Gold flattens as focus turns to US presidential debate

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Gold steadied on Monday, after a retreat in the dollar helped it build on last week's gains but moves were muted with markets awaiting a U.S. presidential debate for pointers as to the outcome of November's election.

The precious metal rose more than 2 percent last week, its biggest weekly gain in nearly two months, thanks chiefly to the U.S. Federal Reserve's cautious tone on interest rates after its policy meeting on Wednesday.

Spot gold was at $1,337.40 an ounce by 2:57 p.m. EDT (1857 GMT), up 0.01 percent, while U.S. gold futures for December delivery settled up 0.2 percent at $1,344.70 per ounce.

"The dollar is a bit weaker since this morning, but also the oil price is much higher and this is contributing to some uptrends in commodities in general," Commerzbank analyst Eugen Weinberg said, when gold prices were firm.

Gold's shining week

Oil rallied on Monday as the world's largest producers gathered in Algeria to discuss ways to support the market. Stock prices around the world fell ahead of the first U.S. presidential debate between Democrat Hillary Clinton and Republican Donald Trump. The first face-off between Trump and Clinton will take place at 0100 GMT on Tuesday, with investors looking for clues about who will win the race to lead the world's biggest economy.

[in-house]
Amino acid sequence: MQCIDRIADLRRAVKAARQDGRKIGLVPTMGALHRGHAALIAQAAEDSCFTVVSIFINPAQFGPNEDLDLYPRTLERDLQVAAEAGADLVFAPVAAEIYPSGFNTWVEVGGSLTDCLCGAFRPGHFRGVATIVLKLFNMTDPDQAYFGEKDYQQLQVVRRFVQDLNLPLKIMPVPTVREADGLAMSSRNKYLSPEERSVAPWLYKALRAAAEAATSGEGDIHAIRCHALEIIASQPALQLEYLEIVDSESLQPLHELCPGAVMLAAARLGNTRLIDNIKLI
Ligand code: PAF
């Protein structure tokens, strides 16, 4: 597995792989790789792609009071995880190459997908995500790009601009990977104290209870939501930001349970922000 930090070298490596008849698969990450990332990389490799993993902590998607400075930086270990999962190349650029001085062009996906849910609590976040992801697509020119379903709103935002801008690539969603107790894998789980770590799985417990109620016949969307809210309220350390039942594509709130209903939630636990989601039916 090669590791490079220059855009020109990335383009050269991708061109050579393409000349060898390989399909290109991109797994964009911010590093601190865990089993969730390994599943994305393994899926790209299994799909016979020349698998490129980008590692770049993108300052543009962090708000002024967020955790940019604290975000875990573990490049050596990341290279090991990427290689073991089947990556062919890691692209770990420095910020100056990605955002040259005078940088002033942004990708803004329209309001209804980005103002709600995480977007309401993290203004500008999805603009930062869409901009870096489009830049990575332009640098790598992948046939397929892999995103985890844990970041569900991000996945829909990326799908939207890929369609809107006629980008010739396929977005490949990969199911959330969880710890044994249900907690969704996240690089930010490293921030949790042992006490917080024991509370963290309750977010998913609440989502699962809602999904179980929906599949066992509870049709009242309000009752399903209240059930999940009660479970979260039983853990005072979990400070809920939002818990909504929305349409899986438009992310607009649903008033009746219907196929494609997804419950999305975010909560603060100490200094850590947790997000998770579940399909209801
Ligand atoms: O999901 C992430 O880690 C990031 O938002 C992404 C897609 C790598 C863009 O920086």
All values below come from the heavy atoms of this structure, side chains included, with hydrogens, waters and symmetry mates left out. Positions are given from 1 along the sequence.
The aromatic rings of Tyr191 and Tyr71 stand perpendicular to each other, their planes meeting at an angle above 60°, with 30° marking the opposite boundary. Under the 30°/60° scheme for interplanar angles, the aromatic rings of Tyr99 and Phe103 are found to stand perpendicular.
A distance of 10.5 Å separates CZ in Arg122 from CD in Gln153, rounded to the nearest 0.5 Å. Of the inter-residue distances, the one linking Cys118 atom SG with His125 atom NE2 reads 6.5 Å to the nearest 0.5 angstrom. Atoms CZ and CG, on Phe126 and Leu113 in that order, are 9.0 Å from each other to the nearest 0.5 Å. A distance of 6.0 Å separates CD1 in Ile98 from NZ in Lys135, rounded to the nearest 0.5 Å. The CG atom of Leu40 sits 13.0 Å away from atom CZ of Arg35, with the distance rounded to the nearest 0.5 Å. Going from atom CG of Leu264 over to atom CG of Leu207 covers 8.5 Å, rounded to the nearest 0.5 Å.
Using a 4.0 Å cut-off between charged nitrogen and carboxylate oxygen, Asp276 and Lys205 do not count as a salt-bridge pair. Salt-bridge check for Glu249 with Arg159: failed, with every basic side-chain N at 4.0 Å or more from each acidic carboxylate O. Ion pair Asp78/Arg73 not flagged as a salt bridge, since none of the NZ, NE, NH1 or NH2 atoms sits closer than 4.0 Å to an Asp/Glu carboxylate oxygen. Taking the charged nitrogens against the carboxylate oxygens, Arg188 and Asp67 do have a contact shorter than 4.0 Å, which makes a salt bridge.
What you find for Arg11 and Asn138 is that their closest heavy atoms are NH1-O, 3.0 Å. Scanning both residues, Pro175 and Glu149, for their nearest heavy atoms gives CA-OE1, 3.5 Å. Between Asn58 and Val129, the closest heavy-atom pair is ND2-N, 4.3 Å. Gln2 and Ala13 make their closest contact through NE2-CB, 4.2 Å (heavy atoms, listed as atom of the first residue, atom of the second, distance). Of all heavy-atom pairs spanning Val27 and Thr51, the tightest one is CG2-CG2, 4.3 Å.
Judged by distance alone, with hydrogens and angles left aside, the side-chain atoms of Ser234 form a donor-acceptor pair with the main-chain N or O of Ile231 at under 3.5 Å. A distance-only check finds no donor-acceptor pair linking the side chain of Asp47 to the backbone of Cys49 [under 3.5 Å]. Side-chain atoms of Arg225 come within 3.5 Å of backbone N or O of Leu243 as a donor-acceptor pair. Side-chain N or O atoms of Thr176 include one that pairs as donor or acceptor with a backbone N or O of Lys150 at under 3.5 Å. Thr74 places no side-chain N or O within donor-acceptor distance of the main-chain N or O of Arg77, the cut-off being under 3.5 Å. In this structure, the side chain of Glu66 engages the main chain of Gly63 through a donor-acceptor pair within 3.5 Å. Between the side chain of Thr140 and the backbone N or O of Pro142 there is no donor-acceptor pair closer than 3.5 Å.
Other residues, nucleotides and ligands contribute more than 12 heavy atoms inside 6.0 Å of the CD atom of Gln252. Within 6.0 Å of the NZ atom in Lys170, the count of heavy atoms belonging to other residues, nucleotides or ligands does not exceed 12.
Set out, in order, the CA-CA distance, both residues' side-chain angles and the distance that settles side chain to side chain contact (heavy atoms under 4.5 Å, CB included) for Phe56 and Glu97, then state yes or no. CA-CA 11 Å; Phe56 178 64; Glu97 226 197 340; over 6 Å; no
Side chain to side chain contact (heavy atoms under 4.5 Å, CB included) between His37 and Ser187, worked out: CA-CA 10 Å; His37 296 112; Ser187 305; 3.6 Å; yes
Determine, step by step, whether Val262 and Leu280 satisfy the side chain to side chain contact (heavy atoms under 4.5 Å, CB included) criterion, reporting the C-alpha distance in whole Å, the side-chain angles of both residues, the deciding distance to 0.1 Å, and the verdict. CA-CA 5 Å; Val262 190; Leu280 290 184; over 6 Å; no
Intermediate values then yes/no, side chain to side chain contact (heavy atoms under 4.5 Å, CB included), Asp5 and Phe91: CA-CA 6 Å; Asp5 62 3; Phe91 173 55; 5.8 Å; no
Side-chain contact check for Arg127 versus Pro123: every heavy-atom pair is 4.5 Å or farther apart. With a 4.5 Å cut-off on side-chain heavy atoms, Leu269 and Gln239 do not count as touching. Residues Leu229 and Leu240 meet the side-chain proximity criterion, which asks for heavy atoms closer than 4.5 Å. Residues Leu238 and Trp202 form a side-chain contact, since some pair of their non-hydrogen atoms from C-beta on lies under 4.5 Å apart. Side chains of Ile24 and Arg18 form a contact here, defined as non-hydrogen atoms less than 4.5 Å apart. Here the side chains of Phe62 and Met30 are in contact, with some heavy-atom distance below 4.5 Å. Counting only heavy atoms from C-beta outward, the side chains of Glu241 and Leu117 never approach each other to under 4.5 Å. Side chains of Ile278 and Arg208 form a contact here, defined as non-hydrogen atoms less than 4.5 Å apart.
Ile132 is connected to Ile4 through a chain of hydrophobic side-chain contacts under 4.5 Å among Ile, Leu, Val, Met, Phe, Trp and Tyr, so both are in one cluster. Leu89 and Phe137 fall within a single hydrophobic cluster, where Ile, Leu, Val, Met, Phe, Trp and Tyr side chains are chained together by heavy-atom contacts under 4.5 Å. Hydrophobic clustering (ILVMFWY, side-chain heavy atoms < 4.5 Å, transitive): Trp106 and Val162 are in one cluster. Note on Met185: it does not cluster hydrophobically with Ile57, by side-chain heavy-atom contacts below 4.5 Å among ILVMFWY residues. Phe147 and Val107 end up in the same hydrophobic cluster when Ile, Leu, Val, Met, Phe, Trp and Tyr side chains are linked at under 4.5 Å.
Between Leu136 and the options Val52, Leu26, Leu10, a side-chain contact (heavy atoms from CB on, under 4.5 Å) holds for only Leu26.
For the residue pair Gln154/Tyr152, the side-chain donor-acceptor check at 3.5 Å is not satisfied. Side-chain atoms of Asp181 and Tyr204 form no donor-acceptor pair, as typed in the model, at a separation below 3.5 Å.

The presidential debate is likely to be "very interesting" for gold, Weinberg said.

"(More support) for Trump after the debate is likely to add to support for gold." Rising support for Trump could increase uncertainty, and therefore interest in gold as a haven from risk, analysts said.

Looking to economic data, new U.S. single-family home sales posted their biggest decline in nearly a year in August after soaring to nine-year highs the month before, with analysts saying the trend in sales remains positive.

"In the mosaic of economic data, you're in this zone of modest improvement in the housing market. Not too hot, not too cold," said Rob Haworth, senior investment strategist for U.S. Bank Wealth management in Seattle. "I think that's how the market is interpreting this housing data."

Why should investors invest in gold?

Data late Friday showed that hedge funds and money managers cut their net long position in COMEX gold for the second straight week in the seven days to Sept. 20.

Weakness in risk appetite weighed on the more industrial precious metals, with platinum down 1.3 percent at $1,037.40 and palladium 1.2 percent lower at $691.47.

Silver was down 1.4 percent at $19.38 an ounce.